In light of the hysteria a year or so ago over "socialism" and government-run banks, this separation is good news. But the flip side is that Citigroup has to shoulder the enormous cost while still holding a bevy of toxic assets that haven't been shed. Some analysts think a nudge could send the company tumbling into the government's arms once again. Plus, Citi will now be free of pay restrictions on twice bailed-out firms.
Given renewed scrutiny on Obama's relationship with Wall Street spearheaded by crusader Matt Taibbi (covered by the Wire here and here) and the president's vow over the weekend to take an aggressive stance against "fat cat bankers," is it a good idea to cut the strings on Citigroup?
- Too Soon, writes Douglas A. McIntyre at 24/7 Wall St. With billions of dollars of toxic assets still on the company ledgers, Citigroup may be trying to leave too soon, but the government is faced with the quandary of wanting to give the appearance that TARP worked, without allowing Citi to come limping back. "The government can afford to wait until the middle of next year to decide if it wants to walk away from the big bank completely."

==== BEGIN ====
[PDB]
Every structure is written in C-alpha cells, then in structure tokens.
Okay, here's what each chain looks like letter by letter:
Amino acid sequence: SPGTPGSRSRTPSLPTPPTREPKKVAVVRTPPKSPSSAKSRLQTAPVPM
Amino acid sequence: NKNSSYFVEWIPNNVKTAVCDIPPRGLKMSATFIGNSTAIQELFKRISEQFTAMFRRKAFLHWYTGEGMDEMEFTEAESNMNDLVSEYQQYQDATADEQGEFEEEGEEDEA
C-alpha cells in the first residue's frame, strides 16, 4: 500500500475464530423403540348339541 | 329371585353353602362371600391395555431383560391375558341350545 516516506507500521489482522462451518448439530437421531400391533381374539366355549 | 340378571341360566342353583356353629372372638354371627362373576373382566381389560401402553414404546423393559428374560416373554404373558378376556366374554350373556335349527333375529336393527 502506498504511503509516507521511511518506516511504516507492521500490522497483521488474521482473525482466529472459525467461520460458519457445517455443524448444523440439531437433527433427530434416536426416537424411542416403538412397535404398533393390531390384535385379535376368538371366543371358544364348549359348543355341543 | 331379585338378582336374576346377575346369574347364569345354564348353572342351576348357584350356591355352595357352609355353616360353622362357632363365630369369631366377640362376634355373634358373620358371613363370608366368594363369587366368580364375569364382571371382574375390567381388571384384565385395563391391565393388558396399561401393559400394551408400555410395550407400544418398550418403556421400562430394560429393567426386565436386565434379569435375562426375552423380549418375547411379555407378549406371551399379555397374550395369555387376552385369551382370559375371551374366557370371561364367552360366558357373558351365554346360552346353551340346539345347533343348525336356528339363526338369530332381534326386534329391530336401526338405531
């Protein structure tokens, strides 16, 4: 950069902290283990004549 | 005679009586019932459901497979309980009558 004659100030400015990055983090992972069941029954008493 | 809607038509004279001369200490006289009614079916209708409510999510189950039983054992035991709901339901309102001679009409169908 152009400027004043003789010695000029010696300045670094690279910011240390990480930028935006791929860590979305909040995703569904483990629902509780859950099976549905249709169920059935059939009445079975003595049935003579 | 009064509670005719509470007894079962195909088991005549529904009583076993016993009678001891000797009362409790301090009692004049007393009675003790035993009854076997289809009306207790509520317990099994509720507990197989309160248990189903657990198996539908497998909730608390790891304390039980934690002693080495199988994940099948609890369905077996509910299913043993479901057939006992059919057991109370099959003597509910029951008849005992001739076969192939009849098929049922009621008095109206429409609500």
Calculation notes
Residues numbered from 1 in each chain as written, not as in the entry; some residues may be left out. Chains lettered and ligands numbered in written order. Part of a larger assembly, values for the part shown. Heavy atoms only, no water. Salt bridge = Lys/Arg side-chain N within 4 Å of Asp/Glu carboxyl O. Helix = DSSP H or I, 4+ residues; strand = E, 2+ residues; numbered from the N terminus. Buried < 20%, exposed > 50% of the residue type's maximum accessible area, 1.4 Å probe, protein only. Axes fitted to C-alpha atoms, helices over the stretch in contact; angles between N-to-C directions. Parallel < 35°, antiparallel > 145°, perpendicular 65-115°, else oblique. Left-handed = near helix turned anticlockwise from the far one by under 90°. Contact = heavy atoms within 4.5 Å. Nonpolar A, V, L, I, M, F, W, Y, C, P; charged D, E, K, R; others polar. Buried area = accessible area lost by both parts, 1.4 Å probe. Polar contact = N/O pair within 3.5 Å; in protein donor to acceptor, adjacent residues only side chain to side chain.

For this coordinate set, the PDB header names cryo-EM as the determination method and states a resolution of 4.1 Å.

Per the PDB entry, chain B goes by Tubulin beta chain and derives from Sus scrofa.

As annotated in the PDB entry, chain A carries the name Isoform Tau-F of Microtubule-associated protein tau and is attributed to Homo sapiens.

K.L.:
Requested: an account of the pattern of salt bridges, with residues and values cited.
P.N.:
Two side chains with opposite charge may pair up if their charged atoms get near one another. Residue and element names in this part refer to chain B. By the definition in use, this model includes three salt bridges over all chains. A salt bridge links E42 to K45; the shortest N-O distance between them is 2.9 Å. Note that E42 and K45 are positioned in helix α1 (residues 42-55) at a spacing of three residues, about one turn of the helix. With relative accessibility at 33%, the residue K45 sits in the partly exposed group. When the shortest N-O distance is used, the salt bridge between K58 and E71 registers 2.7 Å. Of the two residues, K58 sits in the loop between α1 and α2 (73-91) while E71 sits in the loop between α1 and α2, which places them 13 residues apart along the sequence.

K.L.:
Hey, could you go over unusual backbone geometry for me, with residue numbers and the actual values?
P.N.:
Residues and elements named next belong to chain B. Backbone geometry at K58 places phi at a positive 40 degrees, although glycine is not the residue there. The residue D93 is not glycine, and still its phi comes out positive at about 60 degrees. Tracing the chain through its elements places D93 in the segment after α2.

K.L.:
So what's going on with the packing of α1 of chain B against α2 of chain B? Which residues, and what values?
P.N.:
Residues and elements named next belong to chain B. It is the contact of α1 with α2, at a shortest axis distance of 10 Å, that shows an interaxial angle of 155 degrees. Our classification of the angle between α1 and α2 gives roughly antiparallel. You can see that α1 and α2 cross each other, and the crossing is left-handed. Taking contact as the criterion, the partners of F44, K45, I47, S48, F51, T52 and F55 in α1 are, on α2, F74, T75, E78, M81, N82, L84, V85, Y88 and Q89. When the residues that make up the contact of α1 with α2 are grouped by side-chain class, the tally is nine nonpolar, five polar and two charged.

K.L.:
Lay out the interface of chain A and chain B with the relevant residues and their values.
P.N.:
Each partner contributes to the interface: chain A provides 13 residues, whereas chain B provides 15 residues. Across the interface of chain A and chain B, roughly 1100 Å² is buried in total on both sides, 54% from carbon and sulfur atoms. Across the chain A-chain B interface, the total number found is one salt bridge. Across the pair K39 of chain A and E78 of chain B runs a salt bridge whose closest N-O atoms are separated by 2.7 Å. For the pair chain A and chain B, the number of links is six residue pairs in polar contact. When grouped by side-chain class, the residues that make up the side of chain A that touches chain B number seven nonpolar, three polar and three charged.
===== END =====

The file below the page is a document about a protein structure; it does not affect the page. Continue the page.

- Painful for Shareholders, suggests Mike Shedlock at Mish's Global Economic Trend Analysis. "Mish" reflects on how many subsidiary firms Citi has shed over the last year. He then guesses what could be sold to raise $20 billion. "Whatever it is, shareholder dilution will come into play, either directly by a stock offering or indirectly by Citi selling off another asset...Whatever it sells, Citigroup will have gone full circle."
- Citi Knows It Will Be Tough Published in Dealbook, a memo from Citigroup CEO Vikram Pandit to his staff this morning suggests that the bankers still see a long road to recover. "There are still economic challenges ahead that require your continued focus on clients and disciplined execution."
- ...But Remember How Far They've Come A report from Nathan Becker in the Wall Street Journal briefly takes a look back at Citigroup's long, dark year, as a way to set off the good news. "It wasn't all that long ago that Citigroup was facing humiliating talk of nationalization and its share price swooned to 97 cents in March from a record $55 in 2006. The unraveling of Citigroup's shares began as the bank suffered writedowns of more than $30 billion two years ago from risky mortgage bets, forcing the ouster of CEO Charles Prince."